Professional Staff Conference Address 2018

Professional Staff Conference Address 2018


It my pleasure to welcome you to the 9th Professional Staff Conference. What a great event. I am speaking with you today on behalf of the Vice-Chancellor Professor Barney Glover. Professor Glover is currently in China and sends his apologises for being unable to address you personally today.

Firstly, I would like to acknowledge the traditional owners of the land and pay my respects to Elders both past and present. I would like to thank Kerry Stubbs for her address that has helped to set the scene for today’s conference as we discuss the theme ‘Working Together, Succeeding Together’. The Professional Staff Conference helps to showcase and acknowledge the commitment and dedication that our professional staff bring to not only their roles but to the University as whole. We are often so busy delivering our core business of teaching and research that we fail to take the time to acknowledge the work of professional staff in making our core business possible. Today provides us with an opportunity make that acknowledgement. This year we have over 350 staff attending the conference as either delegates or speakers, from across various Schools, Divisions and Institutes. But imagine if the whole University came together there would be 10 times this many people and our University is about our people. I would like to thank Susan Hudson and the HR team for their work in preparing today’s conference. I would also like to thank the 29 sponsors that are supporting today’s event.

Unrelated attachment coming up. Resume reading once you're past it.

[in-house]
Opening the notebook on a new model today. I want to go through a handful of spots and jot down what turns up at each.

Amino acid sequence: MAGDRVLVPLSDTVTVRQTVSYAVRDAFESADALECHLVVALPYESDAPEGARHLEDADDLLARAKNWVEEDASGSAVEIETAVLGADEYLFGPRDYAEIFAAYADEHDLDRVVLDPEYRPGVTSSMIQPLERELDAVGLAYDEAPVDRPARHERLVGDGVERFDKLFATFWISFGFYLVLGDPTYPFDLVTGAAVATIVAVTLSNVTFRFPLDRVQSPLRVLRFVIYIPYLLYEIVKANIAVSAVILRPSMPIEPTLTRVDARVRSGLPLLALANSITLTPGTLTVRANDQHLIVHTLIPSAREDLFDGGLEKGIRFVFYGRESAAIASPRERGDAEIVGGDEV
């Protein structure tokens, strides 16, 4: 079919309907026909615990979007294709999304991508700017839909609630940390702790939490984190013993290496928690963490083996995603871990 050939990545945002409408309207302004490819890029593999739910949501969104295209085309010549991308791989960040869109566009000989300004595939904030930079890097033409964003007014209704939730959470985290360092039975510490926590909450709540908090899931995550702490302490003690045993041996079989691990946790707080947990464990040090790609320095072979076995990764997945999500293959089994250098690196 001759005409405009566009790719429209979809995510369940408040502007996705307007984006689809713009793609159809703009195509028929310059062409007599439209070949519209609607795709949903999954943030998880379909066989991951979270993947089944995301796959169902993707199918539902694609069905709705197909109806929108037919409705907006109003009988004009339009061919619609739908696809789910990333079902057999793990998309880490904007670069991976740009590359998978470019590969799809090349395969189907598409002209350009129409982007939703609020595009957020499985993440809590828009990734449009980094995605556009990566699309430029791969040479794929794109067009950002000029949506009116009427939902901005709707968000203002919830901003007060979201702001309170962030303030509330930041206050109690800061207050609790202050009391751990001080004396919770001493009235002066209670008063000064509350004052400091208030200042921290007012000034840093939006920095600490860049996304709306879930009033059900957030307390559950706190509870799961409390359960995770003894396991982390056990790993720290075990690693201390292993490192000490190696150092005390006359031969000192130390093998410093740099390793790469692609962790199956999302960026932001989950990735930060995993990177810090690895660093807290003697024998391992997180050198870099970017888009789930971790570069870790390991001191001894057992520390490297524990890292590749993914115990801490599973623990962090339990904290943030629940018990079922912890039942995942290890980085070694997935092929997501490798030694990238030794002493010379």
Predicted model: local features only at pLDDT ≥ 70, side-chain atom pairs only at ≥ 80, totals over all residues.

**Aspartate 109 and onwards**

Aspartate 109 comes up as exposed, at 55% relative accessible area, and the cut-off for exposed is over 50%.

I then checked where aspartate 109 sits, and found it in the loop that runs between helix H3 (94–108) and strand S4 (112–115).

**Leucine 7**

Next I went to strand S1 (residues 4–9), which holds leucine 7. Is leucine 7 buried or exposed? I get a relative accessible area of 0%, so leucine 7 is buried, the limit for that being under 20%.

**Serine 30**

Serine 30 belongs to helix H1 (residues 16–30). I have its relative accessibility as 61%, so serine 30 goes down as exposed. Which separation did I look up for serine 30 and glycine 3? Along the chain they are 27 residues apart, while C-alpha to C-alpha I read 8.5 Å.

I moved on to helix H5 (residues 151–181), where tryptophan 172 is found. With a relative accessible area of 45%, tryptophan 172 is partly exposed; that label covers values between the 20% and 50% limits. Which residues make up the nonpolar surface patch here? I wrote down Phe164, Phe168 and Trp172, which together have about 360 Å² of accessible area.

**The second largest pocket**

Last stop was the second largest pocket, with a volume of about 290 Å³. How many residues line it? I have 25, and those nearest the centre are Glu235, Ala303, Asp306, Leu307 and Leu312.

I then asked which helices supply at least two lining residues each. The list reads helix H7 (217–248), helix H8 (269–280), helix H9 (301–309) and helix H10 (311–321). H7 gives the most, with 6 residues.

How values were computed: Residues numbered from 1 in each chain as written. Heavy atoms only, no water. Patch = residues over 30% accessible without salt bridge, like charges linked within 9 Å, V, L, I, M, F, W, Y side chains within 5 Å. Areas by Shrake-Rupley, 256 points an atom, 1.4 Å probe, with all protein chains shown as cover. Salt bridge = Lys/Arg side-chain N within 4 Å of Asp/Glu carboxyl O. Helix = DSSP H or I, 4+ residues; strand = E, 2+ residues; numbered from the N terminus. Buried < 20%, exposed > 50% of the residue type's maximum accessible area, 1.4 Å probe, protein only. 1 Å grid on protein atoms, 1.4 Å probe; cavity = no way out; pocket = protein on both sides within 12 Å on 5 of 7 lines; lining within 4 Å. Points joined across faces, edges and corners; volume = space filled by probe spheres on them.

This year’s theme of Working Together, Succeeding Together, is very important in an organisation the size of Western Sydney University. We have over 2,500 permanent and fixed-term staff members spread across over 10 campuses. Today, I ask you to take the opportunity to consider the University as a whole. We often work within our team, our unit, our division, our school or our institute. But the University is more than just the sum of these parts. We frequently cross over institutional boundaries to seek advice, help a colleague or help a student. These connections strengthen the work we do as individuals, and bring us closer to achieving the University’s mission. Throughout the conference, I urge you to think about how the structures we work in and the people we work with combine to make this university a success. The conference will provide you with networking opportunities and showcase new and leading initiatives from across the University. Later this morning, you will hear from members of the Senior Executive Group. In the early afternoon, the concurrent sessions will provide an opportunity to hear about key projects and achievements across different areas of the University. Finally, to conclude the formal events of the day, an address from Daniel Saffioti. I encourage you to take the opportunity today to engage with your professional staff colleagues and to participate actively in the sessions.